Anna Zaoui (Co-Founder, The Invisible Collection)
A dream moment was going back to concerts at Salzburg for the ‘October-Easter’ festival, listening to classical music, arguing about it with friends and the cherry on the pie was making a fabulous new friend there!
Another dreamy moment, was spending an entire wedding week end in Marrakech, with our most precious friends sharing laughter, love, fun, kindness, generosity and drinks… in a magical setting under the Moroccan stars (and a 36C degree temperature!)
Christian House (Writer)
This was the year I discovered the pleasure of breakfasts. Previously skipped, they fell afoul of tardiness – late for school, then lectures, then work – the Weetabix left soggily sorry in its bowl. But in 2021, breakfasts became my trampoline. The year began with sourdough and Marmite and progressed to all manner of Bircher mueslis and porridge concoctions carpet-bombed with berries. Accompanied by strong coffee, natch. There was even a Norwegian number involving brunost. Breakfasts: a revelation, really. In between the bed and the desk there’s a whole world of adventure.
Anna Pasternak (Author)
The gift which has brought me endless joy in 2021 is a small, solid gold Cartier notebook, which the Duke of Windsor gave to the Duchess of Windsor. It is inscribed with their regal insignia -two W's intertwined with a crown above it. It was given to me by the Windsor's former private secretary. Wallis gave it to her as a thank you for her loyalty and kindness. Ms Schutz said that I deserved it as I had done so much to change the narrative about Wallis Simpson with my biography, The American Duchess. I have the notebook - with the original Cartier paper inside- on a glass shelf in my bathroom with other meaningful artifacts. Every day I look at it when I'm bathing. I feel immensely privileged to have something so intimate to the Windsors. I cherish it. Thinking of Wallis, whom I came to adore, always lifts my spirit.
Thomas Roussel (composer and conductor)
When I composed my album 'The Future Comes Before', my main inspiration was time. And I was really into Daniel Arsham’s art (above), especially his ‘Archeology of the Future' objects. His art makes me think of that particularity of time - that it is totally relative, and how fragile we are compared to it. Music is for me, one of the only things in life that allows us to experiment with the past, because it lets us move forward, with the previous notes of the melody. At the same time, we live more intensely in the fleeting present thanks to melody, and we can glimpse the future because we are able to anticipate the end of a melody. Daniel offered me his 'Future Relic Keyboard' when I met him at his atelier, I am so inspired to have it with my real keyboards in my studio.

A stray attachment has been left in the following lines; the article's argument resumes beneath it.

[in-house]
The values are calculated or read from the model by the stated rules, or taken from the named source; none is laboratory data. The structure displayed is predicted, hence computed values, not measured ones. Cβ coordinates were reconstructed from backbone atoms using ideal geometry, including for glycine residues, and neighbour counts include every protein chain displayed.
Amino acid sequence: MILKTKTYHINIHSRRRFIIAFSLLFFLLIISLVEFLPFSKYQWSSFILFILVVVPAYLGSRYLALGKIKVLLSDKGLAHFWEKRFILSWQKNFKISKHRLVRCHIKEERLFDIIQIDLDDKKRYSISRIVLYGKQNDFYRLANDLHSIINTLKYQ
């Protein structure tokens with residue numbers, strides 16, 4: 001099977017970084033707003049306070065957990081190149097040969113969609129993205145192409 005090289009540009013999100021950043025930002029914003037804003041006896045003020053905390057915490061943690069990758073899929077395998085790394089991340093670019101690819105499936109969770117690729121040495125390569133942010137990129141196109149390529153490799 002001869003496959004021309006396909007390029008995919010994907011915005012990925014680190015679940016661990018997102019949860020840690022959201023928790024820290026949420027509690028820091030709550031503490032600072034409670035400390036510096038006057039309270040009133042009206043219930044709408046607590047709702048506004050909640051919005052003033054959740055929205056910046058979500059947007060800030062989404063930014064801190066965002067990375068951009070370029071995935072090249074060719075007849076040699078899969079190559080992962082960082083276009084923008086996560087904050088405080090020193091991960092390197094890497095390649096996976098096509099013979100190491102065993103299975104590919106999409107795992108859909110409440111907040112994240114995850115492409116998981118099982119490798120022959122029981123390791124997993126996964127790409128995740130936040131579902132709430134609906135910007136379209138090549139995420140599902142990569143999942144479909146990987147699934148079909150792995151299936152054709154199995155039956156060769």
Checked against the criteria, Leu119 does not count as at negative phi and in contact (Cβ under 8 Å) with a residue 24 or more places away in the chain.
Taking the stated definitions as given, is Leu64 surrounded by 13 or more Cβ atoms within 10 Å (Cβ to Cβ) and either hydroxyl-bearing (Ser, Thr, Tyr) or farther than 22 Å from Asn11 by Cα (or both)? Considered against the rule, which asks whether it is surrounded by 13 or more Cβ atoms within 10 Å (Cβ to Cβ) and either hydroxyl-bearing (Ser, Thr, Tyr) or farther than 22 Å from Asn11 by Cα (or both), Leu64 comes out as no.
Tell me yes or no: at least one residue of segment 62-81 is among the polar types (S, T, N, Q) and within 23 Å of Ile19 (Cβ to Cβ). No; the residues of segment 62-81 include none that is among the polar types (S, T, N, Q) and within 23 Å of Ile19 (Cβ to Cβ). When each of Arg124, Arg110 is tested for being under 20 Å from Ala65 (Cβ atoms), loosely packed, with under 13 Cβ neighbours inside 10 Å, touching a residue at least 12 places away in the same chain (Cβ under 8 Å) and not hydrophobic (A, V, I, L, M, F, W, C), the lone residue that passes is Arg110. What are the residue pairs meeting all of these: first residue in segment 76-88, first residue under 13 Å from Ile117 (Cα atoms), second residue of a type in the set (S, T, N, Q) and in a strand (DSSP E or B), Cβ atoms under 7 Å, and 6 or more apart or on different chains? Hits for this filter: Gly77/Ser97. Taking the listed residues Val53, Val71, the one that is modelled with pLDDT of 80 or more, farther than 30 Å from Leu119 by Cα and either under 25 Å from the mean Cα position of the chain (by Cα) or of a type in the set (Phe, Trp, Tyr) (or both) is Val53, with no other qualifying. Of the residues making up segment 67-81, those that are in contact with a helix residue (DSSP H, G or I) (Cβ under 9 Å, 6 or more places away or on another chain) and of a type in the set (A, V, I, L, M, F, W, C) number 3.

Ashley Hicks (Interior Designer, Author and Photographer)
One of the great joys of my 2021 was my first visit to Puglia, famously the heel of the Italian boot on maps and a land out of time in a normal year but especially so in this. We drove there from Milan to take photographs for Cabana Magazine, pausing halfway in Tuscia for some Farnese magnificence. Italy was vaguely locked-down which meant empty roads and delighted faces at the sight of rare customers. We found beauties to fill a portfolio, some faded, some ruined, all wonderfully picturesque, a huge treat.
Sheila Bridges (Interior designer)
My design collaboration with my friend, Mark Ingram brought me a lot of joy this year. I have seen my Harlem Toile De Jouy pattern on everything from Sonos speakers to Converse sneakers, but this small couture collection was much more personal. The two gowns were inspired by our stylish mothers and rich family histories, but also took cues from old Hollywood glamour circa 1950’s (think Lena Horne and Dorothy Dandridge). Both of us look at these dresses with fond memories of the social gatherings that our parents often hosted when we were young.
Andrew Graham-Dixon (Art historian and Author)